associate professor, senior lecturer, director of studies 2nd cycle
I am associate professor of cultural anthropology (2009) and, since 2012, senior lecturer at Uppsala University. As of 2014, I am the director of studies, advanced studies. I am also the chair of the Swedish Anthropological Association.
After studies and a PhD in cultural anthropology (2003, Uppsala University), and besides teaching at Uppsala University, I have worked at Gulu University (in periods, 2005-2007, teaching and research) and Stockholm University (2007-2009, mainly teaching and student supervision). More recently I have worked in the Hugo Valentin Centre, a multi-disciplinary centre of Uppsala University, as a researcher in political violence and genocide studies (2009-2012).
Starting from 1997, and with a focus on young adults coming of age in the shadows of civil war, I have conducted recurrent fieldwork in Acholiland, northern Uganda, where the Lord's Resistance Army (LRA) and other groups have been fighting the Ugandan government.
I am the author of Living with Bad Surroundings: War, History, and Everyday Moments in Northern Uganda (Duke University Press, 2008), for which I received the distinguished Margaret Mead Award, offered jointly by the American Anthropological Association and the Society for Applied Anthropology. Click the book title to visit the publisher, or read direct, via eDuke, Google Books or Kindle (for your Kindle/PC/Android/iPhone/iPad/Mac).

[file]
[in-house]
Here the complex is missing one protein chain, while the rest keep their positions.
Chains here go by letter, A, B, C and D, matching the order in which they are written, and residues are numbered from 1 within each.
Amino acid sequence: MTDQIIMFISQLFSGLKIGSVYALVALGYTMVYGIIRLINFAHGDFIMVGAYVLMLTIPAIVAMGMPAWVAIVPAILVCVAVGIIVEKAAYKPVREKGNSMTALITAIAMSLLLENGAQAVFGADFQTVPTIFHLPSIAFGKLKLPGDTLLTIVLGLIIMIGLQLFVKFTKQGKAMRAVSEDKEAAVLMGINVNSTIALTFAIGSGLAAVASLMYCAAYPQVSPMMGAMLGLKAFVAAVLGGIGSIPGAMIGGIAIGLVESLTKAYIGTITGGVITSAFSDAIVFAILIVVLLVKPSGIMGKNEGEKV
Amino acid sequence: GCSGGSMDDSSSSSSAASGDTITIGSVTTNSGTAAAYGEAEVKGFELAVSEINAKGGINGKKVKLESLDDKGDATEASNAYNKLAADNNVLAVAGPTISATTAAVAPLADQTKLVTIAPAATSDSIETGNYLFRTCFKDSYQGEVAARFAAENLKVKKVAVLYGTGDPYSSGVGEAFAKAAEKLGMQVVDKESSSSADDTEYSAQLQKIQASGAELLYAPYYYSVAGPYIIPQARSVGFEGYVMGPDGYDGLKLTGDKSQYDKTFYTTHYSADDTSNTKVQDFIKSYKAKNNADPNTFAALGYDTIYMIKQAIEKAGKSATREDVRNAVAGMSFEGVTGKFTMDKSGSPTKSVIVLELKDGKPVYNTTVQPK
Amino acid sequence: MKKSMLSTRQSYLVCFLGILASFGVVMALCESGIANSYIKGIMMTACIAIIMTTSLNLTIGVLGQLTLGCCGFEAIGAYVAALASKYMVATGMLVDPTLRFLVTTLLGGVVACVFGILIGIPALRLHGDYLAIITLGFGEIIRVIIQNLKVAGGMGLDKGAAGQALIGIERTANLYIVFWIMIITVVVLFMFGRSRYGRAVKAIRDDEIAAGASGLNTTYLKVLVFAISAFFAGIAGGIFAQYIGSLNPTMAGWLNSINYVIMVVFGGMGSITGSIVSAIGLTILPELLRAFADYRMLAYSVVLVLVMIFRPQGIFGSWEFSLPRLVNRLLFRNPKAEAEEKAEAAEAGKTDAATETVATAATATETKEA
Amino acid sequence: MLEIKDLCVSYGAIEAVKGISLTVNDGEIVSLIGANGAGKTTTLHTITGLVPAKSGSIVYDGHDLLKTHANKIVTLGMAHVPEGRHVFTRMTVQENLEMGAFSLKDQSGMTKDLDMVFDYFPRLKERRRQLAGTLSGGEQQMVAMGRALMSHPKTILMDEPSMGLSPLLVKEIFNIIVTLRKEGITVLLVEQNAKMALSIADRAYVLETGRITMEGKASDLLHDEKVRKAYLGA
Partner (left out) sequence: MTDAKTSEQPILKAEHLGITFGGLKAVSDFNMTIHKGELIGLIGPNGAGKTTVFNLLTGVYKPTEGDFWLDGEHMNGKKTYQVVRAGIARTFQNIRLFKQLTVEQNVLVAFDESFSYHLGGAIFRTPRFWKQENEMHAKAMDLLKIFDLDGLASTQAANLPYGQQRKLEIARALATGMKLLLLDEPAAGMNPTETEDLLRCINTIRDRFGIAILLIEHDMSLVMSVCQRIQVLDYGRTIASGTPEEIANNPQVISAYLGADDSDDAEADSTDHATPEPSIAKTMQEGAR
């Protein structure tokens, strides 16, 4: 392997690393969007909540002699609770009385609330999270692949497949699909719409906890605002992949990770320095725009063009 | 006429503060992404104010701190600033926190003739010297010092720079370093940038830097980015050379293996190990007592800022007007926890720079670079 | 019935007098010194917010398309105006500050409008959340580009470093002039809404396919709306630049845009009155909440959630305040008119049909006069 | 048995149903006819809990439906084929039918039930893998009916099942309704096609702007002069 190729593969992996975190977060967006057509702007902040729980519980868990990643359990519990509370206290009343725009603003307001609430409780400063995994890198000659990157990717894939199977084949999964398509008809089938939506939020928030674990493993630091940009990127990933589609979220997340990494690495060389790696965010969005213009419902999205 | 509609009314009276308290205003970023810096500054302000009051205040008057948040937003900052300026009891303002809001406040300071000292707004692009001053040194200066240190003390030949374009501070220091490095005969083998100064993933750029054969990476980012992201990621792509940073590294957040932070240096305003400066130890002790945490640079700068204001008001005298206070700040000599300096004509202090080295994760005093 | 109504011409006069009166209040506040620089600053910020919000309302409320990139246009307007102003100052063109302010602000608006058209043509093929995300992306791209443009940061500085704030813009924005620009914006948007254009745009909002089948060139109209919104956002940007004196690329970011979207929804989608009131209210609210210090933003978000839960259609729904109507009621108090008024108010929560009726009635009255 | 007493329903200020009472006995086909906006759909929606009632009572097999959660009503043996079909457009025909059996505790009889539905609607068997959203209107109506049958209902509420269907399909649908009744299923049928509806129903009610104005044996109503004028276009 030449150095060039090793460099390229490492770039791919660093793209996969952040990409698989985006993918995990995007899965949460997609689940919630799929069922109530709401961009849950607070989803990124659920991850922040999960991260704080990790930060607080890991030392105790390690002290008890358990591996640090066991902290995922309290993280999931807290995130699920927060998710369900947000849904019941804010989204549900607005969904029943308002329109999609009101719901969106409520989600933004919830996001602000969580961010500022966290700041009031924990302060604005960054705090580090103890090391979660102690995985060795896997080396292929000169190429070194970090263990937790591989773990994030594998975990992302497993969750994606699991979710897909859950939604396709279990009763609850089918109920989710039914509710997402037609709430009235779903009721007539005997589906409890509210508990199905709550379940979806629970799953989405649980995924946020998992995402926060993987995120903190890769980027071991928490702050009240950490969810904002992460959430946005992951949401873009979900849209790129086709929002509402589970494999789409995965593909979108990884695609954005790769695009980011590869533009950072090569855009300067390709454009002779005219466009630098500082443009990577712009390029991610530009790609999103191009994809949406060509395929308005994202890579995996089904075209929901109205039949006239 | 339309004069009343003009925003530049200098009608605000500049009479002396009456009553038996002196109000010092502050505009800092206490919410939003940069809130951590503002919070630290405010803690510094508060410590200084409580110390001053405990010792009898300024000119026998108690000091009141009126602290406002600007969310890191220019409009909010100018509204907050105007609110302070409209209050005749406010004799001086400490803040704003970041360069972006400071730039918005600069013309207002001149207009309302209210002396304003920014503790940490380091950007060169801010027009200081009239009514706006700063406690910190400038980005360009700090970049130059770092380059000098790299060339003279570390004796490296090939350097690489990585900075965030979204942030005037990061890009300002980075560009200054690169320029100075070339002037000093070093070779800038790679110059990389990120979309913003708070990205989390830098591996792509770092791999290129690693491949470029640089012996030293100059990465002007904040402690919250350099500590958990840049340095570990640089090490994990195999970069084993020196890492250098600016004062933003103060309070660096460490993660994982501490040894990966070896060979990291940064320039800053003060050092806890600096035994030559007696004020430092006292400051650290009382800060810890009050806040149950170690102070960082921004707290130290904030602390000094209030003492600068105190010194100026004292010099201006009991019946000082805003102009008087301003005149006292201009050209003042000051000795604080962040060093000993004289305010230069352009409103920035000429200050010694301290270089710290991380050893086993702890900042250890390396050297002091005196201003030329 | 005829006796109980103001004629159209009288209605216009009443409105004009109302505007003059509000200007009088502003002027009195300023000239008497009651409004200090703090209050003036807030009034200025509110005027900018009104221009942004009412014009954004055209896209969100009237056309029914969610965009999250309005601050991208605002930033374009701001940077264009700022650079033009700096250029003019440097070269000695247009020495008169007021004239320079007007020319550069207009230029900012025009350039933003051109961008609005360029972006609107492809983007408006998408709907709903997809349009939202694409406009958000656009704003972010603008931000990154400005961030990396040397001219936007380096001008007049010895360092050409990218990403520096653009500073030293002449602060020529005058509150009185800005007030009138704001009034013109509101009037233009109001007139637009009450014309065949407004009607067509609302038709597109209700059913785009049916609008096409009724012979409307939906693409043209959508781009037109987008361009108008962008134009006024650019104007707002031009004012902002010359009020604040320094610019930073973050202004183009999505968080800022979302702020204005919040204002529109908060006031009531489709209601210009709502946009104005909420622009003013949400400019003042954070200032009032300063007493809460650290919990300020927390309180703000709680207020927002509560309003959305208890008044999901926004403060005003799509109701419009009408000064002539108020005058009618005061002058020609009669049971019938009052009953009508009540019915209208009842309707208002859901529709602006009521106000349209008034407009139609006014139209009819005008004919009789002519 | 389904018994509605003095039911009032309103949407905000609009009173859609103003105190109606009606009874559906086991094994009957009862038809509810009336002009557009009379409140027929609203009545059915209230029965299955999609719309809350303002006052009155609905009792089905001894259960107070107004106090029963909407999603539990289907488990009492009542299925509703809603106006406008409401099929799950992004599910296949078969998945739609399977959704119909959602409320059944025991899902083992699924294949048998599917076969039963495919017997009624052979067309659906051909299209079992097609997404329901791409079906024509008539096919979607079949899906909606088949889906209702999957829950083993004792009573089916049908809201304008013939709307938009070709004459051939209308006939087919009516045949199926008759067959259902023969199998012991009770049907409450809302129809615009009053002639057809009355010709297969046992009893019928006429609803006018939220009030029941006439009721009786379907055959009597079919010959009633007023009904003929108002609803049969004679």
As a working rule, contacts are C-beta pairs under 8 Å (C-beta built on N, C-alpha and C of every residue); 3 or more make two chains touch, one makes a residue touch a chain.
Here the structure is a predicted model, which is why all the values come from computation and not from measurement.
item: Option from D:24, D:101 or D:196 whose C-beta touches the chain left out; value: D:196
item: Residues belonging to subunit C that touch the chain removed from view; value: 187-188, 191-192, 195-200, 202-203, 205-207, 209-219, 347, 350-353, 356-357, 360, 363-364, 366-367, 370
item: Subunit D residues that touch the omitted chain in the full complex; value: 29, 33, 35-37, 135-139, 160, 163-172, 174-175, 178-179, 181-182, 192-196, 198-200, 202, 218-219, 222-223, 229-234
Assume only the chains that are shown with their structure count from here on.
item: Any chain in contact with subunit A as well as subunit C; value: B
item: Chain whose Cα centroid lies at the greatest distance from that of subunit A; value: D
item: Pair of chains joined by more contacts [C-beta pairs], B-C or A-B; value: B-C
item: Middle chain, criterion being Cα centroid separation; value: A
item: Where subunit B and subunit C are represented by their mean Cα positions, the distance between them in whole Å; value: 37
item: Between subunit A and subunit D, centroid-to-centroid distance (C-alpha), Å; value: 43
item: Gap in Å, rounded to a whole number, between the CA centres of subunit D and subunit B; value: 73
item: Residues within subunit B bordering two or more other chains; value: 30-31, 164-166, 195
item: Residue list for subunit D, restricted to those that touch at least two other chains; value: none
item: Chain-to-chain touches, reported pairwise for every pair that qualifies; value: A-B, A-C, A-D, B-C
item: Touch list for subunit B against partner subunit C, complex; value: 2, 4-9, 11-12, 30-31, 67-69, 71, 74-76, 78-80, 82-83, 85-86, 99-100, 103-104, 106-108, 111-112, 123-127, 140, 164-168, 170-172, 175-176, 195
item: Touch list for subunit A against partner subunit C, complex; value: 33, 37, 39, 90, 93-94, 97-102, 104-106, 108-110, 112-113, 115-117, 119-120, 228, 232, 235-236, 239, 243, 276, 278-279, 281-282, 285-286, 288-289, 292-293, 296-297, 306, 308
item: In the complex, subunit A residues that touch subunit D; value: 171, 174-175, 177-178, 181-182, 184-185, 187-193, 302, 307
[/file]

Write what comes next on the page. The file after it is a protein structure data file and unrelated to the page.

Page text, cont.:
With Neil L. Whitehead I have edited Virtual War and Magical Death: Technologies and Imaginaries for Terror and Killing (Duke University Press, 2013). Read or download the introduction from Scribd (open access).
For a complete list of my publications, go to the DiVA online database. Or, for my books, visit me on Amazon author.
I currently investigate violent conflict in emerging global realities, with the aim to develop an analytical framework that can advance our understanding of the global travels of war, made manifest in life stories and lived experiences. Focusing on Africans (and Europeans) living in Europe and in Africa as well as in-between, I suggest that war is both global and embodied. This approach also indicates my more general interest in the possibilities and potentials for ethnographic writing, and hereby I reanalyze old questions about of victim and perpetrator; of impunity and justice; of centre vis-à-vis periphery and of peace and war in our times; and how peace and war are connected and even interdependent. The project, "Orientations between past and future: An anthropology of life threads, global war, and transnational (in-)justice", is financed by The Bank of Sweden Tercentenary Foundation. Follow the link to read more.
Research keyterms: Displacement; globalisation; media, representation, and propaganda; war and peace; anthropology of violence; terror and counterinsurgency; international interventions; justice and injustice; cosmology and meaning.
For more information, including some of my publications in fulltext, and blog comments, updates, links, etc, please see my profile on Academia.edu.